There is no research found in the literature that suggests that MSE should not be used in or is ineffective in application within a clinical setting. A number of studies support the use of MSE to decrease aggressive and/or self-stimulatory behaviors (Kaplan, et al., 2006; Cuvo, May and Post, 2001; Houghton, et al., 1998; Singh, et al., 2004), and there is consensus across the literature of promising clinically significant effects of the use of MSE with people with IDD.


There is relatively little research on the use of MSE in clinical settings for people with IDD, and still less for adults with IDD (Moore, Harris and Stephens, 1994). Studies of MSE in use with children with Autism and other intellectual and developmental disabilities show promise, particularly in dental treatment settings. It is difficult to generalize much of the research due to small sample size, the absence of randomly controlled trials in the studies, and the reliance on qualitative characterizations of impact versus methodologically-sound data collection.

Any use of MSE with a person with IDD in a clinical setting must engage the patient as directly as possible, thus allowing the patient to design, in some part, the MSE environment in which s/he will receive clinical treatment. MSE should be offered to people with IDD according to personal choice (Lotan & Gold, 2009, p. 207).

There are likely to be applications of MSE in a clinical setting that are inappropriate to the needs and desires of people with IDD. That is, the use of MSE is not standard practice and may even be clinically contraindicated.

Some of the research shows little to no impact of MSE on people with IDD (e.g., Meijs-Roos, 1990), with some evidence of behavioral deterioration associated with MSE (see Ashby, et al., 1995; McKee, et al., 2007). While the majority of studies contradict this, it offers an important caution as to expectations. Furthermore, it reinforces the heterogeneity of the community of people with IDD and the importance of proper training of healthcare professionals using this method to promote the relaxation response in clients.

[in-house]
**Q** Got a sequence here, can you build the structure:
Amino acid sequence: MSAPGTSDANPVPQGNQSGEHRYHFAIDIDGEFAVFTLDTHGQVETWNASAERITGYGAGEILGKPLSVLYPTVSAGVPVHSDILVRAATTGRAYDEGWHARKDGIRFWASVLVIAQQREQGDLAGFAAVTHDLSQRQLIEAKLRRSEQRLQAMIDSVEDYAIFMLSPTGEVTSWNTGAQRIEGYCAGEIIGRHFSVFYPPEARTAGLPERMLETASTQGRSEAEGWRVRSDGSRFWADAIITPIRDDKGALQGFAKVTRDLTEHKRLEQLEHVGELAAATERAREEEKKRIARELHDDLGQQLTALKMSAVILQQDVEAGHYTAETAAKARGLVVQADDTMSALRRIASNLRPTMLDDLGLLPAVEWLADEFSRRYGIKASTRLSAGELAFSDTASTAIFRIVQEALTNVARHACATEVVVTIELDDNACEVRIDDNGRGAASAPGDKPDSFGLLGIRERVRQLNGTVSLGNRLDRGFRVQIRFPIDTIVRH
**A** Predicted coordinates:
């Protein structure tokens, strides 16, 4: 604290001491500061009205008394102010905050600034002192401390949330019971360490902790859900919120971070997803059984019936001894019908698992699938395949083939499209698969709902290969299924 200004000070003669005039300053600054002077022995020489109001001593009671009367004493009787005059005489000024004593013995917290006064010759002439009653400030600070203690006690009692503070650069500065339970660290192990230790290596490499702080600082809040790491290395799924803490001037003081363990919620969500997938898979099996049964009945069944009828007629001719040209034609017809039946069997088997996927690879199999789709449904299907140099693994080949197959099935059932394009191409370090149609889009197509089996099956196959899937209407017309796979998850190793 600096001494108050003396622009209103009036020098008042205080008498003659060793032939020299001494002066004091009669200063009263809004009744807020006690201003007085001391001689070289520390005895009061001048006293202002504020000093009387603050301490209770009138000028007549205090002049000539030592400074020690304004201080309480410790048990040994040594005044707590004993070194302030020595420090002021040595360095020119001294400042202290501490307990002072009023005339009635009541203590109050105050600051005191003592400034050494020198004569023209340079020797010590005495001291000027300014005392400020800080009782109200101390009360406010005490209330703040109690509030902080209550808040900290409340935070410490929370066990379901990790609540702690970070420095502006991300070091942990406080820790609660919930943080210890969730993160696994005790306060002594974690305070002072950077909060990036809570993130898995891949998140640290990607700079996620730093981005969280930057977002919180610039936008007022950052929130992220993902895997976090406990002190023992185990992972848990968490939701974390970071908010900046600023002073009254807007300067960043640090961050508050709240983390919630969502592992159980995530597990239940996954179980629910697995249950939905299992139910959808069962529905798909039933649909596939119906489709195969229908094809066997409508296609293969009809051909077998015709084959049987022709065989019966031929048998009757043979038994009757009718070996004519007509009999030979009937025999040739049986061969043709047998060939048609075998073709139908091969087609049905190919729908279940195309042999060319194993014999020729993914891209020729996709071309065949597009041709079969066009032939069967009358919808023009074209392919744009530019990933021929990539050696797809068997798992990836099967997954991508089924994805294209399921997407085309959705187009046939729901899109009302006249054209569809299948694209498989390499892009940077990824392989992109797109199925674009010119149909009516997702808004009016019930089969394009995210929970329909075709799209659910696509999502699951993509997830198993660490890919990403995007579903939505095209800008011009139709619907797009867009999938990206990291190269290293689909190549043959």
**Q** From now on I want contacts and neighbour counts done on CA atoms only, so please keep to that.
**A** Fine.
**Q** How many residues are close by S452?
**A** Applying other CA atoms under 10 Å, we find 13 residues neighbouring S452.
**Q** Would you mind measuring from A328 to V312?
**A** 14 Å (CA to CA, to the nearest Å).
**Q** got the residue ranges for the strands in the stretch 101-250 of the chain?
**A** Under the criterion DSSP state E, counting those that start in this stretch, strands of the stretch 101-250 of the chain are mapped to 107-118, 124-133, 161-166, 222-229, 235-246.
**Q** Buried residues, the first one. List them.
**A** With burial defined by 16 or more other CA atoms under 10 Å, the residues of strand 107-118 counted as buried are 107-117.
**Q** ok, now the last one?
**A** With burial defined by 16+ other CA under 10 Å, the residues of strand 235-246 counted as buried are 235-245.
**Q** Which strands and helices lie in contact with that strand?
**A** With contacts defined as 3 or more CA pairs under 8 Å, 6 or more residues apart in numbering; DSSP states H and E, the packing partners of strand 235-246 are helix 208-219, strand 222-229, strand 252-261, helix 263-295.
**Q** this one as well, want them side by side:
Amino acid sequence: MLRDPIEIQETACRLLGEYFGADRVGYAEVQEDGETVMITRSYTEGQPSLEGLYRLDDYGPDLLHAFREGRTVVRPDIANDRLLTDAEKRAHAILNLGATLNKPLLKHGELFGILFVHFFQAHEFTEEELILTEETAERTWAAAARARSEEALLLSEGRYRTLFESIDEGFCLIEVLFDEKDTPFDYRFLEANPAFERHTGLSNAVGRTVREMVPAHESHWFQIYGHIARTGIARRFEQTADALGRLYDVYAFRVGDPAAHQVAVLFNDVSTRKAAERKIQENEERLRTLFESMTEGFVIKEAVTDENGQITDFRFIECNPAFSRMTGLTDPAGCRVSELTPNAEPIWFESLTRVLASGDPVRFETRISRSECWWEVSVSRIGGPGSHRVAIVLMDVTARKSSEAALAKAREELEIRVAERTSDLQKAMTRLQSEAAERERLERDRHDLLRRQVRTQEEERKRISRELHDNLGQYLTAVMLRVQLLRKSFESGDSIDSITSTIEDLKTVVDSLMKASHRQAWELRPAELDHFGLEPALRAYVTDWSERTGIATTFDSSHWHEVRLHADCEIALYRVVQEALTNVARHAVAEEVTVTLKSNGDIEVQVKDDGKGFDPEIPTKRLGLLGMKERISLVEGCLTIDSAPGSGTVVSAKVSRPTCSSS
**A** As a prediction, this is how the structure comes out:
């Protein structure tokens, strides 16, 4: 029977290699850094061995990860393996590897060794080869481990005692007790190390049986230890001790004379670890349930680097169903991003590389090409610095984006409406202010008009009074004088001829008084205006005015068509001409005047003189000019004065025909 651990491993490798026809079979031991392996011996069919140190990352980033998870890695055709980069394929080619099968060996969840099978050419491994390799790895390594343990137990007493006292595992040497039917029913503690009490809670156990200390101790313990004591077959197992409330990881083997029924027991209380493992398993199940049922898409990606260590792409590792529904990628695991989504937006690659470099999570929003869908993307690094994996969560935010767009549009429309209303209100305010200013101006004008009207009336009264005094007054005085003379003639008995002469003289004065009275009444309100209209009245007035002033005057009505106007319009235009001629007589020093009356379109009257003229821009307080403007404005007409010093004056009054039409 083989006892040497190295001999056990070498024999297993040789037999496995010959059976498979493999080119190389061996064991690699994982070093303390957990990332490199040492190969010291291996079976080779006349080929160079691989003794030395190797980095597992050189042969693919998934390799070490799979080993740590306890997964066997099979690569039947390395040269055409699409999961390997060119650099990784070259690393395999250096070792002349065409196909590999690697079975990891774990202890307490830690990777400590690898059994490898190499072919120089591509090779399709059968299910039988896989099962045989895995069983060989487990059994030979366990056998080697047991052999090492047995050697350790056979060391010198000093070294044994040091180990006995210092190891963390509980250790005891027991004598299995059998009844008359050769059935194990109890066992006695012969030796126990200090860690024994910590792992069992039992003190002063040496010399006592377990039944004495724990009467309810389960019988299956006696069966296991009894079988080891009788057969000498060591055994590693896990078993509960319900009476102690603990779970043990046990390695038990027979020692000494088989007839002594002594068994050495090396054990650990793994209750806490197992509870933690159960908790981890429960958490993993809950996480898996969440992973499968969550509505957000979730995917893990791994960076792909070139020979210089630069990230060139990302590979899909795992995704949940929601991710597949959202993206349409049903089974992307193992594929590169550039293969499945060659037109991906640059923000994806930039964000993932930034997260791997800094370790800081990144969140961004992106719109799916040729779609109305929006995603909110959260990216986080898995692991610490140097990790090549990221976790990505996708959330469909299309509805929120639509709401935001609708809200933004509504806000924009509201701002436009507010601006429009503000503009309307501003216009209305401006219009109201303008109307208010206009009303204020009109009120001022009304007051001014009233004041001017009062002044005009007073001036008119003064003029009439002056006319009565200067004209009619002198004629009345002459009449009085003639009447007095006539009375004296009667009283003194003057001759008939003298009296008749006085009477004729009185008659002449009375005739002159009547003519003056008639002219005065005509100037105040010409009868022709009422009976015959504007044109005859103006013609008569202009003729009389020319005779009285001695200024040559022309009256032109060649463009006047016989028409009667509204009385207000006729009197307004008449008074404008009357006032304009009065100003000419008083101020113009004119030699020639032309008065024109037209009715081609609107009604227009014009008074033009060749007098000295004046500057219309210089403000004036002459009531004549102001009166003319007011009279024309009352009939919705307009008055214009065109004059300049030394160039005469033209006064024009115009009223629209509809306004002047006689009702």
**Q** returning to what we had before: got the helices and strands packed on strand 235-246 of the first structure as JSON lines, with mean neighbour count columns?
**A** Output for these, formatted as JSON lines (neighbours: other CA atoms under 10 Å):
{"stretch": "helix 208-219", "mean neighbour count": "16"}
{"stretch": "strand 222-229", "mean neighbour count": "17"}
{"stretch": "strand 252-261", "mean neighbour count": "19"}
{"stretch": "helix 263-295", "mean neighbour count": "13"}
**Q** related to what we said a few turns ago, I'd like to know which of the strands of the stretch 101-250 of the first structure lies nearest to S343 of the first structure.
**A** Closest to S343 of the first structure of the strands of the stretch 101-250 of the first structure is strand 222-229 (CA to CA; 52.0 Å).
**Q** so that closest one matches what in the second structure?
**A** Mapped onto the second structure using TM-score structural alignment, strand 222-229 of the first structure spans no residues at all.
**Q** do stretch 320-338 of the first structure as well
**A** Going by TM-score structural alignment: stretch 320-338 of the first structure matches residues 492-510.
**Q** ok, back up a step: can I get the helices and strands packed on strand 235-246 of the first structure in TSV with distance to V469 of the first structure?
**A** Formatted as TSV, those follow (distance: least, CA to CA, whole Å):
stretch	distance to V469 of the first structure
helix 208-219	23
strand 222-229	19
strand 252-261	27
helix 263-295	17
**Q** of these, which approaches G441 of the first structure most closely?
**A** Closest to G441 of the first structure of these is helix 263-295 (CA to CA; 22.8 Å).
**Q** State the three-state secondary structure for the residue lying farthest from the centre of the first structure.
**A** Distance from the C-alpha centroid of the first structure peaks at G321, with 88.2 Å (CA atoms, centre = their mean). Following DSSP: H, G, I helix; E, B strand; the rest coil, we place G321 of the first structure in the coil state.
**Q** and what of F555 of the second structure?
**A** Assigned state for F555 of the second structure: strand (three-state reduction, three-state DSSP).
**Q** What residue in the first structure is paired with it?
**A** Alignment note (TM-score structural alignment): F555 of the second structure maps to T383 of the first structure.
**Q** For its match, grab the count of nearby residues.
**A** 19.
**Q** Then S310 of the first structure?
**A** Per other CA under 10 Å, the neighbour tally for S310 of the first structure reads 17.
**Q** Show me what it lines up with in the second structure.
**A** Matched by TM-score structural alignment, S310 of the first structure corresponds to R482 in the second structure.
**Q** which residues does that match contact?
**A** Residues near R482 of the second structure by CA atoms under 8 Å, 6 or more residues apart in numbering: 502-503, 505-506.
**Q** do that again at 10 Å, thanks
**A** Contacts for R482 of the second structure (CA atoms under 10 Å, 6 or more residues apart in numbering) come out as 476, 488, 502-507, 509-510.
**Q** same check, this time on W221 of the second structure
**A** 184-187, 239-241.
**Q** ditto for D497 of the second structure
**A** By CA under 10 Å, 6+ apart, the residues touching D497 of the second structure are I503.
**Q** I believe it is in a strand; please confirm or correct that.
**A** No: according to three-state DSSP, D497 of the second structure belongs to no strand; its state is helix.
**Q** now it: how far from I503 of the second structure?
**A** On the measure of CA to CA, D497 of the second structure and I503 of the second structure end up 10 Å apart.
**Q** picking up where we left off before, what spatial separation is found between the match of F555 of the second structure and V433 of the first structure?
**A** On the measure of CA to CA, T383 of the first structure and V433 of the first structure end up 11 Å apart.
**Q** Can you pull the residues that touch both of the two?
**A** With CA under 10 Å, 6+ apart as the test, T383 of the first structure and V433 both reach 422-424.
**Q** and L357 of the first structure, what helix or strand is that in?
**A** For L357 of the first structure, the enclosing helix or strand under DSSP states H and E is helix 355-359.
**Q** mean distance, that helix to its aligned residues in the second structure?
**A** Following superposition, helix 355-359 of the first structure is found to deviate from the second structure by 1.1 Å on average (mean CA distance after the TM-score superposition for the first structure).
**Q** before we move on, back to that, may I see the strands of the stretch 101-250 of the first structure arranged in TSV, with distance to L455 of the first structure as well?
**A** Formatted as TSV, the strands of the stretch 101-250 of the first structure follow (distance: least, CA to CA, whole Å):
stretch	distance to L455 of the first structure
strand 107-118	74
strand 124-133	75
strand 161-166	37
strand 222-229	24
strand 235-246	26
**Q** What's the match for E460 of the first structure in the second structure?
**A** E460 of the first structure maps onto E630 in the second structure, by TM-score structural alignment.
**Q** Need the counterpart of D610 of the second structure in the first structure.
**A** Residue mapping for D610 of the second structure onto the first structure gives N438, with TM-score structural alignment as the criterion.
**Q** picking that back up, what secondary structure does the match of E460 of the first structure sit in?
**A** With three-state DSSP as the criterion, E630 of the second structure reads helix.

Nonetheless, there is clinically significant evidence of the positive impact of MSE on people with IDD (see also, Ashby, et al., 1995; Shapiro, et al., 1997; Hogg, et al., 2001), as well as on adults with IDD in non-clinical environments (Lotan and Gold, 2009, p. 213). The literature, while consistently suggestive of the positive impacts of MSE on people with IDD, is uniform in urging additional and methodologically sound research on the effectiveness of MSE and its application to clinical settings.

Finally, people with IDD, whose needs and aspirations are fundamental to any treatment decisions, including the application of MSE, are entitled to provide or withhold fully informed consent. Further to this right, which may not be abridged, is the person’s right to information and appropriate accommodations to assure informed consent that allows the individual, or under appropriate legal conditions, a guardian, a health care power of attorney, or a surrogate decision-maker of the individual’s choice, to accept or refuse health-related services (The Arc of the U.S., 2012).